TROY, N.Y. (NEWS10) – Musicians at RPI are inventing new instruments that can be appreciated by both the hearing and the deaf.
It’s a concert like no other featuring three musical inventions on three different floors. The instruments allow people to not only hear the music but to also feel it.
It brings together those with and without hearing impairment. The music coming from the instruments can be heard by some but felt by all.
They play frequencies that dip below the audible level and challenges what music is and how it’s experienced. It’s something that can’t be heard with the ears but felt with the bodies, which is how the deaf perceive music.
“They’re relation to sound,” Tarek Atoui said. “It’s not going through the ears. It’s going through the body, through the head, through the bones and the skull; through the eyes and sign language.”
Atoui is a sound artist from Beirut in residency at the Experimental Media and Performing Arts Center at RPI where he’s making music inclusive.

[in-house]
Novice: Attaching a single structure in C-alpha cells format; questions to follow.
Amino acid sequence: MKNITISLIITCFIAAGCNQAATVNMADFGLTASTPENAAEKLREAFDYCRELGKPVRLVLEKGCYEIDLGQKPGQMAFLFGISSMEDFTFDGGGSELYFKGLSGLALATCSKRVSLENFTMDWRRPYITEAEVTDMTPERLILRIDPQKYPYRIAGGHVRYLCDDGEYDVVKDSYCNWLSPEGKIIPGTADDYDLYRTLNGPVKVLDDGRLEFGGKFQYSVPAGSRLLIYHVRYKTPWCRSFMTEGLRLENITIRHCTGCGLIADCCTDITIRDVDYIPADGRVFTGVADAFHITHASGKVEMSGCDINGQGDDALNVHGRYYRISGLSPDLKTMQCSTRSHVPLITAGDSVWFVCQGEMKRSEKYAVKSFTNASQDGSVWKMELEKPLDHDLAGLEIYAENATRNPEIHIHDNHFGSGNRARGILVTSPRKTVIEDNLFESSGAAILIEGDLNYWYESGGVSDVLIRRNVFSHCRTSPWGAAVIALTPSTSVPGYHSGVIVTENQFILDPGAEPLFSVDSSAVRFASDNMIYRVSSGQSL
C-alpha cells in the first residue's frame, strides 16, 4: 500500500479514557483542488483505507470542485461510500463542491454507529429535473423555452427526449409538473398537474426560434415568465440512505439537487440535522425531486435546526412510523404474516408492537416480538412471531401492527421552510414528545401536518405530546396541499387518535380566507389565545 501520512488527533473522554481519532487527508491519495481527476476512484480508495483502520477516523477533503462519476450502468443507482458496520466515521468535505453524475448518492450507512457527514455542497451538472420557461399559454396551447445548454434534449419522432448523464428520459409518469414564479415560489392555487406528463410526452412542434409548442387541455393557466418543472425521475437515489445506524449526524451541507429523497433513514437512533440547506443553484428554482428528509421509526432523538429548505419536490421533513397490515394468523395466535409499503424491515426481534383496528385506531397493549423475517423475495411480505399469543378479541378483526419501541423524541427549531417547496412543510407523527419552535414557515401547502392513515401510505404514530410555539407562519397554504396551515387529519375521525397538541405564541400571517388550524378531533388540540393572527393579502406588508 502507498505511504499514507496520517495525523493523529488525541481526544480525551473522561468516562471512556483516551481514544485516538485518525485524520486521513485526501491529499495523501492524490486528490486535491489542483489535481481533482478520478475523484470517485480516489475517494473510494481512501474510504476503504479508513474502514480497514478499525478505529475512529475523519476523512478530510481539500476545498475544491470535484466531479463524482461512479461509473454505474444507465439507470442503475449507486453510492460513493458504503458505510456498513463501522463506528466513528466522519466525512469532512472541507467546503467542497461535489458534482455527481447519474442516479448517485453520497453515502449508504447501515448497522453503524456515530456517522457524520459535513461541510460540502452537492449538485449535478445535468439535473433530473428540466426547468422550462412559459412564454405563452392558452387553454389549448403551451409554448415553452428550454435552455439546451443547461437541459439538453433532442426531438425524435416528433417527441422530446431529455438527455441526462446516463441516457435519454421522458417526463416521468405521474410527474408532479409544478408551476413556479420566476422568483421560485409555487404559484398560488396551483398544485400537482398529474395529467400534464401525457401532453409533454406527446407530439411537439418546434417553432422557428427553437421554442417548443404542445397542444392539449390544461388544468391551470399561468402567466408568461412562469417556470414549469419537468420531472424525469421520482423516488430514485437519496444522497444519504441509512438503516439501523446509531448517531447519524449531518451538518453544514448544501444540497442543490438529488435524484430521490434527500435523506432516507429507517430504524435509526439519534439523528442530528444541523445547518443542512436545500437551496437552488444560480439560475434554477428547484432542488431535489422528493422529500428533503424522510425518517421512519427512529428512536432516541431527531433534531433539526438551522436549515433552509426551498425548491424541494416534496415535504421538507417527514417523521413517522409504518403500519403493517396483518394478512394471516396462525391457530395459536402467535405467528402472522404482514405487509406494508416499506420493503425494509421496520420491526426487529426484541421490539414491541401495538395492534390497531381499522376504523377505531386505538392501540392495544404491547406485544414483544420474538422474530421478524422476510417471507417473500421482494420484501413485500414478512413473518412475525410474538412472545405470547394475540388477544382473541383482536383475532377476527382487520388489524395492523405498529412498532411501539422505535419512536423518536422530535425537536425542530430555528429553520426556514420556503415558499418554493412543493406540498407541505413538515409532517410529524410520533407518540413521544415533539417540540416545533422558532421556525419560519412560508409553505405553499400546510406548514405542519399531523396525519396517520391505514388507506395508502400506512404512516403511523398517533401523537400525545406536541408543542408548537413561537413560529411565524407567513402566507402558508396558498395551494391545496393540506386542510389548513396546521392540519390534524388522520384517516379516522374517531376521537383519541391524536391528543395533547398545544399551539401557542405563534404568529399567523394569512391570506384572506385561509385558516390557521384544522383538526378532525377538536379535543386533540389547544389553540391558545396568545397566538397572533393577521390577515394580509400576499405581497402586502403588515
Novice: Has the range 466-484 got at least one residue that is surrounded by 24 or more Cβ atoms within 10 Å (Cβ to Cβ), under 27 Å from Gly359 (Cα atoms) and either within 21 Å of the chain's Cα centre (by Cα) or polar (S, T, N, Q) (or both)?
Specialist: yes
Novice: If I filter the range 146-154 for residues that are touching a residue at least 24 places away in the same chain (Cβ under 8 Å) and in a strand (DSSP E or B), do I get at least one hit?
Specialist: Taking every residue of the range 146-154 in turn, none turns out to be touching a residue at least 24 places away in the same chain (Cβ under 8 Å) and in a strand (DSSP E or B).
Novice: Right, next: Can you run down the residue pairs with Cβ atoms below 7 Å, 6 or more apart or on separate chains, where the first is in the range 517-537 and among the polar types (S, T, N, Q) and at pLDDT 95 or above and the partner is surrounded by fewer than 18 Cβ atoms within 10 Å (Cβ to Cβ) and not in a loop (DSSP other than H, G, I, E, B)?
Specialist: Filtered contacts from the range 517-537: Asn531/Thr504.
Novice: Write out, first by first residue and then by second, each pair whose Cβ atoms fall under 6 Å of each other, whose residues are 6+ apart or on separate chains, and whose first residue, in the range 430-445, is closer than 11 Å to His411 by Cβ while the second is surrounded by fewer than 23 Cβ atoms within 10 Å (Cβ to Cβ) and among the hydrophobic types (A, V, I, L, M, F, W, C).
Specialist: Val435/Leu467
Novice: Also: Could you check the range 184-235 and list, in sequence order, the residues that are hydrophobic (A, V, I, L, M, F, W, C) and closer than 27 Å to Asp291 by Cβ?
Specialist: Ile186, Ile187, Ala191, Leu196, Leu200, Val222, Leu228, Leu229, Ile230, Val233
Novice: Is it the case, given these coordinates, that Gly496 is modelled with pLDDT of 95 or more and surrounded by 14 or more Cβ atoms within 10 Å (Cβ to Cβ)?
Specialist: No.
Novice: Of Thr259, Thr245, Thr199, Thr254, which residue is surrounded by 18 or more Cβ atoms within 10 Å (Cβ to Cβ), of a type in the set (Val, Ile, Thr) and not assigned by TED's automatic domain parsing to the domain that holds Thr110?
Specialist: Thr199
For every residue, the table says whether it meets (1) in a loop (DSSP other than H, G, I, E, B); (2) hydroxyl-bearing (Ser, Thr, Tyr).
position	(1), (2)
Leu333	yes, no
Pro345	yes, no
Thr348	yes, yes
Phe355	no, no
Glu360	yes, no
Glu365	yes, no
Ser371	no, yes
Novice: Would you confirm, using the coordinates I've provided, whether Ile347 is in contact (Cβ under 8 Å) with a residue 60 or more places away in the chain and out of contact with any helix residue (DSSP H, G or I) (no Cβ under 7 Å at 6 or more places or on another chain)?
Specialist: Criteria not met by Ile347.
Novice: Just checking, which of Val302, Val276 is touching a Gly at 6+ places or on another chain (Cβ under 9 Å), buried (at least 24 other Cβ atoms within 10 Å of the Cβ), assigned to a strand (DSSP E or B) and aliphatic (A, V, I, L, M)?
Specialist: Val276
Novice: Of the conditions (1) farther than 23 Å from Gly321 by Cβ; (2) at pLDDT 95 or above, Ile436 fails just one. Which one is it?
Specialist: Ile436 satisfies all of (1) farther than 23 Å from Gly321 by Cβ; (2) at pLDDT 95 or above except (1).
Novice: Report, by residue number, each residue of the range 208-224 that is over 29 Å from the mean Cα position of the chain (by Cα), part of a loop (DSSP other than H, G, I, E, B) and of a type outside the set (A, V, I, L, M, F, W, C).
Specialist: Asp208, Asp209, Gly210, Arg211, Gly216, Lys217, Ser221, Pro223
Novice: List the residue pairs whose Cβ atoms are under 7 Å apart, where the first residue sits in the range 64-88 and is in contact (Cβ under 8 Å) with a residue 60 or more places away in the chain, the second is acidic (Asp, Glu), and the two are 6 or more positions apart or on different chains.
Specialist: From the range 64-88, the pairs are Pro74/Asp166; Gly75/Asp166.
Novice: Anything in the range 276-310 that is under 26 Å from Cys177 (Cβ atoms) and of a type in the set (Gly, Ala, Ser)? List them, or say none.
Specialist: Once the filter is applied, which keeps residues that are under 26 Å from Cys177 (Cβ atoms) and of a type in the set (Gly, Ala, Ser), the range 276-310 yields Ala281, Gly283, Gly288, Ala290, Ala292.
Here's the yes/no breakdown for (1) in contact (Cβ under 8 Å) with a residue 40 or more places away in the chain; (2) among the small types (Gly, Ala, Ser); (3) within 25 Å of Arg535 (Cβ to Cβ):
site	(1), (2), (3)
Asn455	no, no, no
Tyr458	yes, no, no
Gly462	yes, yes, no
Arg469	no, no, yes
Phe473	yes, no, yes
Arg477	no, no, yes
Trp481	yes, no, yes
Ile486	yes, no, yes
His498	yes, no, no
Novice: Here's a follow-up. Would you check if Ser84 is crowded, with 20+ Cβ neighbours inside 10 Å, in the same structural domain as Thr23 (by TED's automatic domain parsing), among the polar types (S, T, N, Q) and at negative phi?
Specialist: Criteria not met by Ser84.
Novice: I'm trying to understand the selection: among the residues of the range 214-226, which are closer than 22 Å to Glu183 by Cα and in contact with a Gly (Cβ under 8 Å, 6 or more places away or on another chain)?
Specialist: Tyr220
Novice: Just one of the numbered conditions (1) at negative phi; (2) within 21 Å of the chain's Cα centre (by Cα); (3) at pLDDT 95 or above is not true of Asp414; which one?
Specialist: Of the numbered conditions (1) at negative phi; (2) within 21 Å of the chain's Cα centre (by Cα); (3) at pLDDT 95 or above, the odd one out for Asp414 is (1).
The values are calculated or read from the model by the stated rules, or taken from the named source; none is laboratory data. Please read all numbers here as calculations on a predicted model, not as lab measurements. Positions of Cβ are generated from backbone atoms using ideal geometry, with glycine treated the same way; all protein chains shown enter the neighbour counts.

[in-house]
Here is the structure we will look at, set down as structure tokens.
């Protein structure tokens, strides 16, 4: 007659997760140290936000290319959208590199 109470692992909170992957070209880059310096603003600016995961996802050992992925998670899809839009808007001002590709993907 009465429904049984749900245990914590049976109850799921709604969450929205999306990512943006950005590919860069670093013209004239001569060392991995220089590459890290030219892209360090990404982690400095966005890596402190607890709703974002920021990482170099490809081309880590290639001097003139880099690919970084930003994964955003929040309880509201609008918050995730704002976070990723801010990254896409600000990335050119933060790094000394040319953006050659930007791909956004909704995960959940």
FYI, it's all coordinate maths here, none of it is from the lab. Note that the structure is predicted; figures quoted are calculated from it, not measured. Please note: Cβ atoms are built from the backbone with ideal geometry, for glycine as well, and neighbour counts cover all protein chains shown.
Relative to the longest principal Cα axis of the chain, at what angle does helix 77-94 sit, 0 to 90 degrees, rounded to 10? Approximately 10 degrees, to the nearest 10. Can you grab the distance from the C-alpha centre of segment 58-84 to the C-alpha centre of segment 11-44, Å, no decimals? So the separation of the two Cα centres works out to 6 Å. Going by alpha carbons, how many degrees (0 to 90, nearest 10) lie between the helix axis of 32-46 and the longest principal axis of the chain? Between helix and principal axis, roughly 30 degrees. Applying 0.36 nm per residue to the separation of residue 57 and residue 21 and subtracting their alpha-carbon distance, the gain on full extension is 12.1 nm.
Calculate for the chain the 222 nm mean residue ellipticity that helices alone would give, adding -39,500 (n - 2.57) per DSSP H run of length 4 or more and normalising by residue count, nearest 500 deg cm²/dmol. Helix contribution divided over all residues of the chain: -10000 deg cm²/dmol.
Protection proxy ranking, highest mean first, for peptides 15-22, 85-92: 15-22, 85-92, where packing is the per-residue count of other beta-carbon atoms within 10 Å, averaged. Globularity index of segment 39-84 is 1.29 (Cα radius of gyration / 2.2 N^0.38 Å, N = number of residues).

“We created a common ground for deaf and hearing people,” he said.
Helping him is Pauline Oliveros, a pioneer of electronic music, who is also an RPI music professor. She said the goal is to expand minds.
“Just to challenge the status quo,” she said.
One of the instruments starts with a drawing.
“With this conductive ink, so it’s an ink when you touch it, it conducts electricity of the body,” Atoui explained.
Another involves moving hands above infrared sensors.
“So when you’re standing on the platform, you can feel the sensations so that they can perceive through sensation what we perceive through our ears,” Oliveros said.
“It’s really addressing the whole wide open palette of what hearing could be,” Atoui said.
And there’s no telling what the future might hold.
“What will it be like to improvise music with a robot?” Oliveros positioned.
The only way to truly get a feel for the experience is by visiting EMPAC, stepping inside the walk-in organ pipe, and feeling the frequency.
It is open to the public and will be available all summer.